Posts Tagged ‘sole name’

Burns v Burns: unmarried cohabitees, title to family home in sole name

May 11, 2016

In Burns v Burns ([1984] Ch. 317, CA (Eng)) the couple were unmarried (though the woman had changed her  family name to be the same as her partner’s). They lived together for two years and had a child before buying the house that was to be the family home. Title was in the man’s sole name and he made all of the contributions to the purchase price and mortgage installments). Although the female partner contributed to household expenses (rates, phone bills, domestic fixtures and fittings and redecoration) these payments could not be said to have been necessary to allow the man to meet the mortgage payments. The couple lived in the home for seventeen years before separating. The female partner claimed to be entitled to a beneficial interest in the property under a common intention constructive trust.

The claim failed. There was no evidence of an express intention that she was to have an interest in the property. Nor had she made any payments that could give her an interest under a  resulting trust. It was not possible to infer the existence of a common intention constructive trust from the payments that she had made since they were not referable to the acquisition of the property (Fox LJ ). It would have been different if there had either been direct contributions to the purchase price or if her contributions to the household finances had been necessary to allow the man to make the mortgage payments.

The fact that the woman carried out domestic duties and looked after the children could not be taken into account: ‘the mere fact that the parties live together and do the ordinary domestic tasks is, in my view, no indication at all that they thereby intended to alter the existing property rights of either of them’ (Fox LJ at 331). May LJ made the same point:

‘when the house is taken in the man’s name alone, if the woman makes no “real” or “substantial” financial contribution towards either the purchase price, deposit or mortgage instalments by means of which the family home was acquired, then she is not entitled to any share in the beneficial interest in that home even though over a very substantial number of years she may have worked just as hard as the man in maintaining the family in the sense of keeping the house, giving birth to and looking after and helping to bring up the children of the union’ (at 345).

Michael Lower

 

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Common intention constructive trust: valuation in sole name cases where there is no actual agreement as to how ownership is shared

February 17, 2015

In Graham-York v York ([2015] EWCA Civ 72, CA (Eng)) the English Court of Appeal looked at the approach to be taken to the valuation of an interest under a common intention constructive trust where title was in the sole name of one of the parties and there was no evidence of a common intention as to how the beneficial ownership was to be divided between the parties. Here a couple had co-habited for over forty years and had two children (one of whom was brought up by them and another by a relative). The man had provided nearly all of the family’s financial resources from the various businesses that he ran.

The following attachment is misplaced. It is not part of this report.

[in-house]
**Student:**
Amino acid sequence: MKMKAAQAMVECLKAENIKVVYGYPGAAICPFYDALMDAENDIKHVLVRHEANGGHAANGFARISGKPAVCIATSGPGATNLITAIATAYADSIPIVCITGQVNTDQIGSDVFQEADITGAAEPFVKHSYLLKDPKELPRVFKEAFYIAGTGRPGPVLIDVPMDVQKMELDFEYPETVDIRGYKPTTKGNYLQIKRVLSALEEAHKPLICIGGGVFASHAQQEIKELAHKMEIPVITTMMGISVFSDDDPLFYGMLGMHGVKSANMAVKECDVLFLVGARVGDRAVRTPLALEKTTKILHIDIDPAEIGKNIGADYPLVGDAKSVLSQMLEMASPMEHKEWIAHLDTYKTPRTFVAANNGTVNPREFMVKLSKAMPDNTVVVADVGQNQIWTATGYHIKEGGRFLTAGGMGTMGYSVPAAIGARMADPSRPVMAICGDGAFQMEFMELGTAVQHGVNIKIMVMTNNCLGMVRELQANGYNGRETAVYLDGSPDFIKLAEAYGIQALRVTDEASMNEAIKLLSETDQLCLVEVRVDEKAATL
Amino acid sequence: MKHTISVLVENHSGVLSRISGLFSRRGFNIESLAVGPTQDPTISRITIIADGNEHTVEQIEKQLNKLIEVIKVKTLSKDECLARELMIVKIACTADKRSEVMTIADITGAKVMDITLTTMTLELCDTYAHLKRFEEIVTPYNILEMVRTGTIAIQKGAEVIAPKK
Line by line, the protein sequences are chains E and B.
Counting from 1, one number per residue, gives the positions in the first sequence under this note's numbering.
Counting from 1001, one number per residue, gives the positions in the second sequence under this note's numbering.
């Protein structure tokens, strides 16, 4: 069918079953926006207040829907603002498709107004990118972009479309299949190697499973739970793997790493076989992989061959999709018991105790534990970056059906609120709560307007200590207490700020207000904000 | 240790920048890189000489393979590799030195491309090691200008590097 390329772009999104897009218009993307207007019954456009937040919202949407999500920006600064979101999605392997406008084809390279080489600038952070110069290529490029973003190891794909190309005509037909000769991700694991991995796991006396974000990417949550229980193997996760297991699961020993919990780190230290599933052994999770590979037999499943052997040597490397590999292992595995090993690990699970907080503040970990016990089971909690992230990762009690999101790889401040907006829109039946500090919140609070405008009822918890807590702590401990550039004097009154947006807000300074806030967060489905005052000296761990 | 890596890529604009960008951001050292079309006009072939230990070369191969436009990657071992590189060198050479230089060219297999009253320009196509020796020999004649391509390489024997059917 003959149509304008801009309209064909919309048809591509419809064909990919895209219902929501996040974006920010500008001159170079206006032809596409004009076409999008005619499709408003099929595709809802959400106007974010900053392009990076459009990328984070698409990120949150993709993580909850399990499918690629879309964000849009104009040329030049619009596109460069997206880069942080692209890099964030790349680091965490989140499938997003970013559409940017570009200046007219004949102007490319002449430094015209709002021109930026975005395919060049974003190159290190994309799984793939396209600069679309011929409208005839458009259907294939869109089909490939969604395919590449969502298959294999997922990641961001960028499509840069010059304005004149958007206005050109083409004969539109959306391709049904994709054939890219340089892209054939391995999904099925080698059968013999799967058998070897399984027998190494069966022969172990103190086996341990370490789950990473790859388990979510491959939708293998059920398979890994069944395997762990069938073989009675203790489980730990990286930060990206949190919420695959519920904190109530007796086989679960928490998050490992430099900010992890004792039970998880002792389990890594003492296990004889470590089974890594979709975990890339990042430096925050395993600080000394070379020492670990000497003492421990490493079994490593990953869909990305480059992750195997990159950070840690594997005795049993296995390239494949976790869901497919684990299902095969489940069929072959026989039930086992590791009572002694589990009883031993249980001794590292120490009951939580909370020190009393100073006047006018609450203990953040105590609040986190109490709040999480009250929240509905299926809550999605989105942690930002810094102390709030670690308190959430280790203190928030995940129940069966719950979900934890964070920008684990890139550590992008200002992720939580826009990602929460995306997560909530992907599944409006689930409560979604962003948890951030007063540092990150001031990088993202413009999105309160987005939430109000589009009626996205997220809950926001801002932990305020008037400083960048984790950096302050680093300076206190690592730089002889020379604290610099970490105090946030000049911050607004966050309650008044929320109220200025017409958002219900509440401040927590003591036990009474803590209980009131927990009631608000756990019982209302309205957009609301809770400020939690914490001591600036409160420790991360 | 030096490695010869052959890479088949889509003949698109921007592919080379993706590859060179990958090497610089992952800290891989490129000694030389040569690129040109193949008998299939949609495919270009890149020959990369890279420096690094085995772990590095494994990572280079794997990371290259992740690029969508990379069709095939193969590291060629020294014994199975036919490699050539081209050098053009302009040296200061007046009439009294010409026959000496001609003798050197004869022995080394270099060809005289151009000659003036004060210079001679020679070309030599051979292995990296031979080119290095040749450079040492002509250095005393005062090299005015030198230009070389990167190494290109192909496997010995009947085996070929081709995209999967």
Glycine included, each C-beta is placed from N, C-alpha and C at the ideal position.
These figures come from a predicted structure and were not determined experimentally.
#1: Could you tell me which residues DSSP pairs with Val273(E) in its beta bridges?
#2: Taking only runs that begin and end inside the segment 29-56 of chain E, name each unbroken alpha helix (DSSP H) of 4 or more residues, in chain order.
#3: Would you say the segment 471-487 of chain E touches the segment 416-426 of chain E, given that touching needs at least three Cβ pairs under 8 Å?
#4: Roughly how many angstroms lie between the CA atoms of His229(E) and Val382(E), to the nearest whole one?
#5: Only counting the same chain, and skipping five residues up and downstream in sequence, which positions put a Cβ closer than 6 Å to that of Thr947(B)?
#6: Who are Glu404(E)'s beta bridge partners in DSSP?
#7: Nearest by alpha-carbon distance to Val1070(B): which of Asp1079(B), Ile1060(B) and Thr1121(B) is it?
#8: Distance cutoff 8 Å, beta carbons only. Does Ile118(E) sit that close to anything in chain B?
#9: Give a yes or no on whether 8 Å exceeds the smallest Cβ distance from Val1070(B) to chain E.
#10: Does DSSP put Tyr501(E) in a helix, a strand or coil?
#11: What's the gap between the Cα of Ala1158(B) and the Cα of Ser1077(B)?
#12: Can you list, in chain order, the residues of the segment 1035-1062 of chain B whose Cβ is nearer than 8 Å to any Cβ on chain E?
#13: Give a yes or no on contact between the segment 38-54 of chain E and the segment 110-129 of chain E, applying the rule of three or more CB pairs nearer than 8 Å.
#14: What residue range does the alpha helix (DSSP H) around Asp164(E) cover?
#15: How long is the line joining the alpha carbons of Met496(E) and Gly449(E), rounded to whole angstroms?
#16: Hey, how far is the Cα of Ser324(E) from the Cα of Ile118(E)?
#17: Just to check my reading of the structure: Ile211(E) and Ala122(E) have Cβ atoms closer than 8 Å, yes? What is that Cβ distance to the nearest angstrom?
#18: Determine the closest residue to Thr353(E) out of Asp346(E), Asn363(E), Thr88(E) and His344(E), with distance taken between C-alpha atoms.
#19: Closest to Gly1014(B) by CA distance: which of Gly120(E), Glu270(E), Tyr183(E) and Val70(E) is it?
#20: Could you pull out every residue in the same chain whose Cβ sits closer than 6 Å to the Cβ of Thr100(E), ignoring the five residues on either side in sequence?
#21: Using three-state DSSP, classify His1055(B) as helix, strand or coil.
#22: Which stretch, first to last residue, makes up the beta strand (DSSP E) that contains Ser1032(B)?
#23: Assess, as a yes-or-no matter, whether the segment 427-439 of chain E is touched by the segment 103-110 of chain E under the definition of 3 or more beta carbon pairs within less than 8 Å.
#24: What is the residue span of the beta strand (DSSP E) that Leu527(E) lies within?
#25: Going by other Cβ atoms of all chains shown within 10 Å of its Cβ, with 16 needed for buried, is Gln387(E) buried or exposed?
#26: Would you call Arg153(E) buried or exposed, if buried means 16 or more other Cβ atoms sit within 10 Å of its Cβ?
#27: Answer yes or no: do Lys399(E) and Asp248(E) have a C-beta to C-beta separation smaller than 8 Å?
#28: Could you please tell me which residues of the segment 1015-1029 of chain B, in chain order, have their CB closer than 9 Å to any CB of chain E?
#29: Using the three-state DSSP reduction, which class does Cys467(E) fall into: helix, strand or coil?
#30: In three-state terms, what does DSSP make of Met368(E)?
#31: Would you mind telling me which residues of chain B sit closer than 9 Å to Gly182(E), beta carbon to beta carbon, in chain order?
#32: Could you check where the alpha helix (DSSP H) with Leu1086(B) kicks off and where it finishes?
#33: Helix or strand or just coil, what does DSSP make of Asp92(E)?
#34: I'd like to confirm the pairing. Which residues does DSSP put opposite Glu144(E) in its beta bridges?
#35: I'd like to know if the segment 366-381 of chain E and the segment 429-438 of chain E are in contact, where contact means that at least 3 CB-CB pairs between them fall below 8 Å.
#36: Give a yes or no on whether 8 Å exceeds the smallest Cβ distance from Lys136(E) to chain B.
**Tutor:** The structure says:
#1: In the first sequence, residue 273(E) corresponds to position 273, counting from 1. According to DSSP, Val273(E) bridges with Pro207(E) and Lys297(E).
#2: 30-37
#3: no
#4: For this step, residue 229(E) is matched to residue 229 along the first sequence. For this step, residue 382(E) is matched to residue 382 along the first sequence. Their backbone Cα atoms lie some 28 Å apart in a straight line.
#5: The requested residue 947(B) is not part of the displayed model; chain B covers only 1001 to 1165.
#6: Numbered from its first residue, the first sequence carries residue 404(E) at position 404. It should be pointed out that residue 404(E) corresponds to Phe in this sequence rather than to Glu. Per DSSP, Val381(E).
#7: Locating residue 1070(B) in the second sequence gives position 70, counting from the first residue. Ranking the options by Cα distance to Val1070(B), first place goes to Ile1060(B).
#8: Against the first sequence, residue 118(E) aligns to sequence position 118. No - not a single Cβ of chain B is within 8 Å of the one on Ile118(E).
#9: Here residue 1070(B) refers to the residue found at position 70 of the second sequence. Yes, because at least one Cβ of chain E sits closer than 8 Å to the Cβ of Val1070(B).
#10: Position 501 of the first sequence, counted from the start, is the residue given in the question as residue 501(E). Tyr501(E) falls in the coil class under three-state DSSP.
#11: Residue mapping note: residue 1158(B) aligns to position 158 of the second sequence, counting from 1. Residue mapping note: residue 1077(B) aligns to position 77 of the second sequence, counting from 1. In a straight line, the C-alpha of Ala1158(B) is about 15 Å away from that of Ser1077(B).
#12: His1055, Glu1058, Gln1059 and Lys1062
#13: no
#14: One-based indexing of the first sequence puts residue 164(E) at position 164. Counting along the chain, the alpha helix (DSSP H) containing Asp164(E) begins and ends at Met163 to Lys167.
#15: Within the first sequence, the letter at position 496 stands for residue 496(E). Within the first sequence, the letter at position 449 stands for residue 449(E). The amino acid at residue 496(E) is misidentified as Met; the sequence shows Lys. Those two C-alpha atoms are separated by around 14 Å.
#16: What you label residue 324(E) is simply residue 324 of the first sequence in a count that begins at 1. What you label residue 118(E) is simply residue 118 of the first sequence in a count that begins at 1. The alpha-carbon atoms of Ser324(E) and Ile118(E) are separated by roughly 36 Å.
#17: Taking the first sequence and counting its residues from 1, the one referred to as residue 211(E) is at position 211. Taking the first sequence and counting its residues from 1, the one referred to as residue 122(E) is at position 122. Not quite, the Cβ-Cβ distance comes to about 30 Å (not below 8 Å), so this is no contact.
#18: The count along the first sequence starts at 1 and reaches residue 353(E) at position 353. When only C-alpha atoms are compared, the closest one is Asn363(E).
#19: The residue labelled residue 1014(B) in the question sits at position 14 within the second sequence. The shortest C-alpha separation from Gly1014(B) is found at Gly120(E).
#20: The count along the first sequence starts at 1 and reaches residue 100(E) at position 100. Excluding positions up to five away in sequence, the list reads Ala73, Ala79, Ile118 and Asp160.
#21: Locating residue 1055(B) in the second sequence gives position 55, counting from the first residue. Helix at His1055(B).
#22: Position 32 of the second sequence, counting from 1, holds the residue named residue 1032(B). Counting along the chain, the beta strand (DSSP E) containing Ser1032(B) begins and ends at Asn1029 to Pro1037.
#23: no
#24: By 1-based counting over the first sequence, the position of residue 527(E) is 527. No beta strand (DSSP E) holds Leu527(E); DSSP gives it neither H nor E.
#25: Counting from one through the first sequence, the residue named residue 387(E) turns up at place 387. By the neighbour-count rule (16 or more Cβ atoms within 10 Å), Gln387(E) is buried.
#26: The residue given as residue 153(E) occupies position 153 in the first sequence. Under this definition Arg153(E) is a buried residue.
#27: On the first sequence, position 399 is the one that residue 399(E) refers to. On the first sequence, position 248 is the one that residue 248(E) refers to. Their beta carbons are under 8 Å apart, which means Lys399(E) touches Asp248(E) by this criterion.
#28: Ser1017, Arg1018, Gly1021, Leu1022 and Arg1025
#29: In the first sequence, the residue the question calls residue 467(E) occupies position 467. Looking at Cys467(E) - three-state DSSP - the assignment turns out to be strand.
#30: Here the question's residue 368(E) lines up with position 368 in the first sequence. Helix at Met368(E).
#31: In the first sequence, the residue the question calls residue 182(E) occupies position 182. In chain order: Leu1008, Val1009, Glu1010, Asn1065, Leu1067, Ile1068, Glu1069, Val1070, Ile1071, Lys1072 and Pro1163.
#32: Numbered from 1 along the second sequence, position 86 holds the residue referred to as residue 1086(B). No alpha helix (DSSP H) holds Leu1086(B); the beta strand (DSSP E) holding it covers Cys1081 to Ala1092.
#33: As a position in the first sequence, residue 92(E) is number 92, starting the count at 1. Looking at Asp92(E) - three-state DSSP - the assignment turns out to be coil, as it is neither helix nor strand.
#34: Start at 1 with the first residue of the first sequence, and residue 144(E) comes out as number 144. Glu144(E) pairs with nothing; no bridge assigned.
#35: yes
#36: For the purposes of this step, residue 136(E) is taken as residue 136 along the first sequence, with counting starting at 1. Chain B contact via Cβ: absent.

At first instance, the court found that there was evidence of a common intention that his partner (Miss Graham-York) should have an interest in the family home given her financial contribution to the family income before and at the time of the purchase of the property. The court also found that there was no express agreement as to the share that Miss Graham-York should have and that a 25% interest in the property would be a fair reflection of her financial and non-financial contributions over the years.

Miss Graham-York appealed against this finding. She argued that where there was no evidence as to a common intention concerning the size of her share, the court should take fairness as the guide to what they must reasonably be taken to have intended. Her initial and ongoing financial contributions, the length of the co-habitation and her contribution to the bringing-up of her daughter were each, she argued, factors pointing towards equal beneficial ownership ([18]).

Tomlinson LJ gave the principal judgment. He pointed to the joint judgment of Lord Walker and Lady Hale in Jones v Kernott as ‘the most authoritative modern guidance as to the proper approach in cases of this sort’ ([20]). While the search was primarily for the parties’ actual shared intentions, there were two situations in which this was not the case. The first of these was the situation in which the presumed resulting trust operated. The second, relevant here, involved cases, ‘where it is clear that the beneficial interests are to be shared, but it is impossible to divine a common intention as to the proportions in which they are to be shared.’ Here, ‘the court is driven to impute an intention to the parties which they may never have had.’ (Jones v Kernott, [31]).

Tomlinson LJ went on to comment on the scope of the enquiry as to fairness in these circumstances. The court must do what is fair having regard to the whole course of dealing in relation to the property (Jones v Kernott, [51]). The court ‘is not concerned with some form of redistributive justice’; so, here, the abuse that Miss Graham-York had suffered during her long relationship was not a relevant factor (Graham-York v York, [22]).

There is no presumption of equality of interests in sole name cases, even where the other party has made a substantial contribution. (Graham-York v York [25]).The first instance judge had identified the appropriate legal principles and applied them correctly. Miss Graham-York’s appeal was dismissed.

Michael Lower